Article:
The Oneida County Sheriff’s Office began a K-9
program in 1983. On their first call, K-9 Fred and Sergeant Al Leone
proved the value of a well trained canine team when they successfully searched
for three young boys who were lost in the woods of Forestport. Since that first
call, canines have continuously served as a valuable police tool by
bringing a variety of skills to police work that enhance a deputy sheriff's
capabilities to serve the public.
The Sheriff’s Office maintains four K-9 Teams. A K-9 Team consists of a uniform
Deputy Sheriff, and a dog. Canines are acquired when they
are between the ages of one and two years old. The canine and his handler
complete 360 hours of training before becoming certified. The canines have a
working career of about eight years, and a life expectancy of twelve
years. Once trained, the police dog becomes the deputy's partner on
patrol and the dog can effectively protect the deputy. Often, the mere presence
of a police canine deters potentially violent situations.
Police dogs' skills are not limited to deterrence and protection.
A canine's keen sense of smell allows him to find children, senior
citizens, hunters and others who have become lost or disoriented.
A canine is also able to track and locate suspects and can be utilized in
situations that would be life threatening to a deputy. Dogs can enter and
search buildings for hiding suspects, and are trained to locate and secure
suspects until a deputy safely enters and makes an arrest.
The Sheriff's Office dogs are trained to detect marijuana, hashish, cocaine,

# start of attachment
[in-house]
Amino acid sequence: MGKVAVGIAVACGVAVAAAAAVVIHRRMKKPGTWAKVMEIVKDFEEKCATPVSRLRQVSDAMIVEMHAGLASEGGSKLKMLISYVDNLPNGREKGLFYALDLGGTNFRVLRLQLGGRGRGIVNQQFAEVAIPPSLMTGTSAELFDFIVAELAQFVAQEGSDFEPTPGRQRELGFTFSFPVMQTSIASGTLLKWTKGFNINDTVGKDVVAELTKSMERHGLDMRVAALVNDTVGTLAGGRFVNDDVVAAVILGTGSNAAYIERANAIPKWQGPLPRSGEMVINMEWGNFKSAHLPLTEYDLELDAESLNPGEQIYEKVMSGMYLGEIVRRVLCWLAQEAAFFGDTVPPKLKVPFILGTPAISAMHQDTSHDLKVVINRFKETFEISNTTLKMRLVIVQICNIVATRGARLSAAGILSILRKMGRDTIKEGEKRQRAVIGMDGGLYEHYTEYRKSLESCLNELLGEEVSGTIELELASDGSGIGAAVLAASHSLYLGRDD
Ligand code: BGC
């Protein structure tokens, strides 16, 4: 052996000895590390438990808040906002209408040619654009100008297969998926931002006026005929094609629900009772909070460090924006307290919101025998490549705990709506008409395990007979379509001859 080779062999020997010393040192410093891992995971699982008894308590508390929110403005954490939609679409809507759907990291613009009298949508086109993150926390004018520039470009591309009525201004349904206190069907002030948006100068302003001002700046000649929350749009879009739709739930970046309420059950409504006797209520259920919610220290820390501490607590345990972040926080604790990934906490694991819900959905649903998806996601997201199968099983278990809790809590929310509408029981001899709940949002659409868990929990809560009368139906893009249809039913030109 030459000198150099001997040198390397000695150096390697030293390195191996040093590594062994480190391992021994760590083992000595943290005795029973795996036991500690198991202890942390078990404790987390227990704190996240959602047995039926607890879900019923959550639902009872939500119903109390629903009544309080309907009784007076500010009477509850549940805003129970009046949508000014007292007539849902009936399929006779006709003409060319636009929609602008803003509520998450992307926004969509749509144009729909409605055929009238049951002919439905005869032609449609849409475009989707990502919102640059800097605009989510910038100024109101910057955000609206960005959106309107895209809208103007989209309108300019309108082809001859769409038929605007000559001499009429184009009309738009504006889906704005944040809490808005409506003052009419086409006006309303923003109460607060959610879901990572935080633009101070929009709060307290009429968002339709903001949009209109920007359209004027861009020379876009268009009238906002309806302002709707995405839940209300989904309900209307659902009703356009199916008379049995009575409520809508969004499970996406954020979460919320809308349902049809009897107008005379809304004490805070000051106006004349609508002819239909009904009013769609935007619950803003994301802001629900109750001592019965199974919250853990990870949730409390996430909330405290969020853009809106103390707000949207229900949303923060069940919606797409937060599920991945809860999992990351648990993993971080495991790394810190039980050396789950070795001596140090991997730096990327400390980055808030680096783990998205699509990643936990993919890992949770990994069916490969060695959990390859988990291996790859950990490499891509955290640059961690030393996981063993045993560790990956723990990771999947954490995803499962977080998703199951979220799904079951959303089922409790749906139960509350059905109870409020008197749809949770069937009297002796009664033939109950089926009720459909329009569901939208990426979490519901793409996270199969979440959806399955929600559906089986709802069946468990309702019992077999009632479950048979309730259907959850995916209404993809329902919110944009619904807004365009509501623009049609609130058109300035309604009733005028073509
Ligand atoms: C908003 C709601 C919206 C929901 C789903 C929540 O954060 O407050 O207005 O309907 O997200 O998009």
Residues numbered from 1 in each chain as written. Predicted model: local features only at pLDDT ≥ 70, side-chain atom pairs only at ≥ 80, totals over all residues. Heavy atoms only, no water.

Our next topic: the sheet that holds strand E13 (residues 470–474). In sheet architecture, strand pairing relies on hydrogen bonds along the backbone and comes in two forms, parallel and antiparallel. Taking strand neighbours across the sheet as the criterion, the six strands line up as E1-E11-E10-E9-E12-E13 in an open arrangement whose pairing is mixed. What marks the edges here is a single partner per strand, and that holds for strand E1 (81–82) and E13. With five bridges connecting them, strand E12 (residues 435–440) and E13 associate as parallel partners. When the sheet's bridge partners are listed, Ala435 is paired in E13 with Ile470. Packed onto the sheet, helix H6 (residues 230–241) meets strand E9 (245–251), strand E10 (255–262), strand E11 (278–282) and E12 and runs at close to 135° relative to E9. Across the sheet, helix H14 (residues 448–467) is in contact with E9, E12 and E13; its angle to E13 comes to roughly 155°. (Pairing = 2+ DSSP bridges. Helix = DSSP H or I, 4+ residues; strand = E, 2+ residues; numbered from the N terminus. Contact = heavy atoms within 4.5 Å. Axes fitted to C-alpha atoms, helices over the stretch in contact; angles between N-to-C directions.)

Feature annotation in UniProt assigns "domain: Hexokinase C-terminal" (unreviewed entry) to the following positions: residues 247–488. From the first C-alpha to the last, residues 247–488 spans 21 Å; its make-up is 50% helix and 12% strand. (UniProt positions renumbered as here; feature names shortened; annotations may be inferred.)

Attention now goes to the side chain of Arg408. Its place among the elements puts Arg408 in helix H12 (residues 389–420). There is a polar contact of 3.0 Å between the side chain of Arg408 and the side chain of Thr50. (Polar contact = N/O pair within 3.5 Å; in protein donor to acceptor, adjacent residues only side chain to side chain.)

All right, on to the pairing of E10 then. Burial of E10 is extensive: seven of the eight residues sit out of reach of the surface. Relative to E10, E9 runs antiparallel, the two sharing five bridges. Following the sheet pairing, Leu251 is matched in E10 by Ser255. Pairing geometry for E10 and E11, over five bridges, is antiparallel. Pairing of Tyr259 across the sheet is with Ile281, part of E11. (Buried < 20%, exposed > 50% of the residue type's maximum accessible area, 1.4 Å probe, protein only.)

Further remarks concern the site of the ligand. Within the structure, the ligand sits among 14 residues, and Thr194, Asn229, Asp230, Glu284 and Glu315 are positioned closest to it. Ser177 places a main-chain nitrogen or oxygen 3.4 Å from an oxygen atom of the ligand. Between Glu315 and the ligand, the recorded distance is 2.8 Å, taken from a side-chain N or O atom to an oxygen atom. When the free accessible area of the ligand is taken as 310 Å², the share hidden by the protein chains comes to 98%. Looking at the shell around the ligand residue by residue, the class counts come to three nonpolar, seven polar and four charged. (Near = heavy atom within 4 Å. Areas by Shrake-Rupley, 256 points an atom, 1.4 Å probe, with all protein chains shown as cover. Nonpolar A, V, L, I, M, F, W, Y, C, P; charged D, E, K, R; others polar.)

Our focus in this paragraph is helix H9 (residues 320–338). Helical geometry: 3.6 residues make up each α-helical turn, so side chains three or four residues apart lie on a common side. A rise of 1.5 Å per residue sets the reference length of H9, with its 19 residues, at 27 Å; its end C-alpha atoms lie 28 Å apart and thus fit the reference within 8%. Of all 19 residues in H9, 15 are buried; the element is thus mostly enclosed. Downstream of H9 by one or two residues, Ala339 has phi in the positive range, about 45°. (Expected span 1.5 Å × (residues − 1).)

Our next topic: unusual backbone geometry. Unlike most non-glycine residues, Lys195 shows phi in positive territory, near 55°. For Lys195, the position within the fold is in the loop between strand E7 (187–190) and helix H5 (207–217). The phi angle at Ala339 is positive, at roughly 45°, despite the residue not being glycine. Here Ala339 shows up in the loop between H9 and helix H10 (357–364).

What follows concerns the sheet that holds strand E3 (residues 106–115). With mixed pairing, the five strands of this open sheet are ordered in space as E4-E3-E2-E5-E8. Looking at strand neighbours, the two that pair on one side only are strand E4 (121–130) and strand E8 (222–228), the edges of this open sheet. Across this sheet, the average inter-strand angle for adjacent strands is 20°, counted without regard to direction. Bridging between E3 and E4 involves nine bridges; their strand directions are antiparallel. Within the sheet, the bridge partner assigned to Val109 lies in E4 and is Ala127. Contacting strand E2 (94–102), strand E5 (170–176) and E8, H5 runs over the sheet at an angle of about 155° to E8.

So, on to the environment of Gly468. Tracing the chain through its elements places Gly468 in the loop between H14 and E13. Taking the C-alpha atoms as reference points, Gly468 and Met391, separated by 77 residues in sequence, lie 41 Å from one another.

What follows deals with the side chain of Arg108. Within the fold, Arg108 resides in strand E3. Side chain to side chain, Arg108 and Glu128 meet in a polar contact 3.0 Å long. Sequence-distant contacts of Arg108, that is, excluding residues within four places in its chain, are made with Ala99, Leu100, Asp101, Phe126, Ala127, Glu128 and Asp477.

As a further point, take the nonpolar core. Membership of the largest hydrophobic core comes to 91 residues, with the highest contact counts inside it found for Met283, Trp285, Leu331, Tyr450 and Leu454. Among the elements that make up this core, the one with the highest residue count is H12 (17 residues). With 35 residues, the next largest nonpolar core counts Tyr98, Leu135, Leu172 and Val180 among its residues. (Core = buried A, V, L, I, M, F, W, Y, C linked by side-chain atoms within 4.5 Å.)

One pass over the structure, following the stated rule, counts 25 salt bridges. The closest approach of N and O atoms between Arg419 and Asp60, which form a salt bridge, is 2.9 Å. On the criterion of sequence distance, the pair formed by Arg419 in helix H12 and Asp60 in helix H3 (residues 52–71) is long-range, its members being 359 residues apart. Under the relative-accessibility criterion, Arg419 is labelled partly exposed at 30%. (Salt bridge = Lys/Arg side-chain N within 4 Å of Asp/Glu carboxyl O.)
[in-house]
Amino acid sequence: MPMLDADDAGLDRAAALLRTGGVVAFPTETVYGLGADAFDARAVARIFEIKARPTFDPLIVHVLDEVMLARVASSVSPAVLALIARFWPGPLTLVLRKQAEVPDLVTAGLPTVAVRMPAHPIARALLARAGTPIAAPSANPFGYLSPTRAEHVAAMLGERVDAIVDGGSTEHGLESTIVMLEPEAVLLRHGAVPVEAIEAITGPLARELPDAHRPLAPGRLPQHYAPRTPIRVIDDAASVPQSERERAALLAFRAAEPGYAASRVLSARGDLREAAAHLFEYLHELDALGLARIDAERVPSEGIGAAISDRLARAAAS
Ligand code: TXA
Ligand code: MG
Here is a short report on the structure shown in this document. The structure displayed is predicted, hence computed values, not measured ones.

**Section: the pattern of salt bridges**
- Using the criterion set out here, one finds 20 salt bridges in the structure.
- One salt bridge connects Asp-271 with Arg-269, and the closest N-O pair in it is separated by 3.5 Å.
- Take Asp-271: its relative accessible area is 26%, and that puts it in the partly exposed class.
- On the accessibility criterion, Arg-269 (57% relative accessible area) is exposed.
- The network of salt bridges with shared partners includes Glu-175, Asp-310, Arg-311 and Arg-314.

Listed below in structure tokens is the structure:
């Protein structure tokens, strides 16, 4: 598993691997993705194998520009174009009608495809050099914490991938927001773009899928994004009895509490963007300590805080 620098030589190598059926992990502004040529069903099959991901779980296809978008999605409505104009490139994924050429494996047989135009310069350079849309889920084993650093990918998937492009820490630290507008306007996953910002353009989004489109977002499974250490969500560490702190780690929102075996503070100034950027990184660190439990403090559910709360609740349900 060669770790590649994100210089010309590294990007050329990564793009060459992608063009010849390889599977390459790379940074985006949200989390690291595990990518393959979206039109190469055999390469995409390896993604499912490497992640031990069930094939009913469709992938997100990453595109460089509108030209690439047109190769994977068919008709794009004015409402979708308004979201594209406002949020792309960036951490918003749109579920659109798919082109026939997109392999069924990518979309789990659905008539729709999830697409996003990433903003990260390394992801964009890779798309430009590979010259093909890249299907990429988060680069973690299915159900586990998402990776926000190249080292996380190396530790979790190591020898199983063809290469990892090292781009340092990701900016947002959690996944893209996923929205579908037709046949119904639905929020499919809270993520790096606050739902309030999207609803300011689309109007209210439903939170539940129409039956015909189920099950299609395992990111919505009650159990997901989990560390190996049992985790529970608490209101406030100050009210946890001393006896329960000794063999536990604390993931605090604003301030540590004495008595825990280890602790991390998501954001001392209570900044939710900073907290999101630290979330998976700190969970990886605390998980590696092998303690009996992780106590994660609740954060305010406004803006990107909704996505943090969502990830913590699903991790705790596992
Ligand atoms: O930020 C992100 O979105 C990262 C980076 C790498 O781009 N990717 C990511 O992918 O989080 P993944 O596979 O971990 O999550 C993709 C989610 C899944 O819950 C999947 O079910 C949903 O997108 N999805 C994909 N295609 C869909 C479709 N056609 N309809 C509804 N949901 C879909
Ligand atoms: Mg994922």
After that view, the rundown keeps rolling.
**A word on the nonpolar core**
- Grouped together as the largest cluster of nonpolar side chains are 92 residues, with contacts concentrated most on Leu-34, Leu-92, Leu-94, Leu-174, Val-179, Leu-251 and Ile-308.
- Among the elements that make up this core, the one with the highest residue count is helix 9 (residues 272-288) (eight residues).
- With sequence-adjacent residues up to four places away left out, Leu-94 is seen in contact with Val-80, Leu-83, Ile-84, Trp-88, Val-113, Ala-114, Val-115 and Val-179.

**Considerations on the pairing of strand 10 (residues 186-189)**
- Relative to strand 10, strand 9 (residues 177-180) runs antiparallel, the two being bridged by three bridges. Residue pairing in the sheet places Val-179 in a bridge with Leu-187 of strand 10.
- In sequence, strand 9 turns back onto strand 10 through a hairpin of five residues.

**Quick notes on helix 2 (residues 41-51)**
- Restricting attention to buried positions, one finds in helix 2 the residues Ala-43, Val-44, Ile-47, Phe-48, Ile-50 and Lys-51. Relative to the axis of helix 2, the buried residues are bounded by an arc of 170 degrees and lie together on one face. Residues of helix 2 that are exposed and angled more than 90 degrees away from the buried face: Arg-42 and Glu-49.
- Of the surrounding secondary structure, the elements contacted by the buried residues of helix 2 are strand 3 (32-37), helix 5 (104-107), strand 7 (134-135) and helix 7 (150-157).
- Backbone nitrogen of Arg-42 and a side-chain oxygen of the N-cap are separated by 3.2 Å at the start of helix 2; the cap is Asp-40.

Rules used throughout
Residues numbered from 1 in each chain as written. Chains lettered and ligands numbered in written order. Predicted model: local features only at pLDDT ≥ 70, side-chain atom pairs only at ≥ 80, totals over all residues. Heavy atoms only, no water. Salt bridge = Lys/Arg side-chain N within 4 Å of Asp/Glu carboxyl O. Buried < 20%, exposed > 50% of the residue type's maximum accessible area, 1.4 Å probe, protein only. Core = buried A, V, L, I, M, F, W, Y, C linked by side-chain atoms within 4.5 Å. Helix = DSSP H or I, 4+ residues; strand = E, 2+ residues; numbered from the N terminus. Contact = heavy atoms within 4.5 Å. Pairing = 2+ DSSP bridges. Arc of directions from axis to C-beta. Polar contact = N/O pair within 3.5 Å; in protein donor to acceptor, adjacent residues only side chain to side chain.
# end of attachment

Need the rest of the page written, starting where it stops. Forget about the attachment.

crack-cocaine and heroin. When alerting to the odor of drugs during a search,
dogs respond aggressively, trying to get at the substance by scratching and
pawing. The K-9 Teams are utilized frequently by the Correction Facility and
local schools for building-wide drug searches.
Two dogs are trained for explosive detection. The dogs are able to detect
dynamite, C4, nitro and numerous other substances of which explosives are
constructed. During a search for explosives, the dogs respond to the explosives
odor in a manner that is safe, but identifiable to the handler. When alerting
to the odor of an explosive, the dog sits and waits patiently. The aggressive
response of scratching and pawing that signals a successful drug search is not
the appropriate response for a successful explosives search.
A K-9 Team handler and his dog must complete sixteen hours of specialized
training each month. When off-duty, a canine lives with his
handler as a friend and family dog. The county purchases all food and
supplies, and pays for veterinary care and boarding as necessary. In order to
care for their partners, K-9 handlers are allotted an hour of upkeep time each
duty day, and compensated and hour of overtime each off-duty day.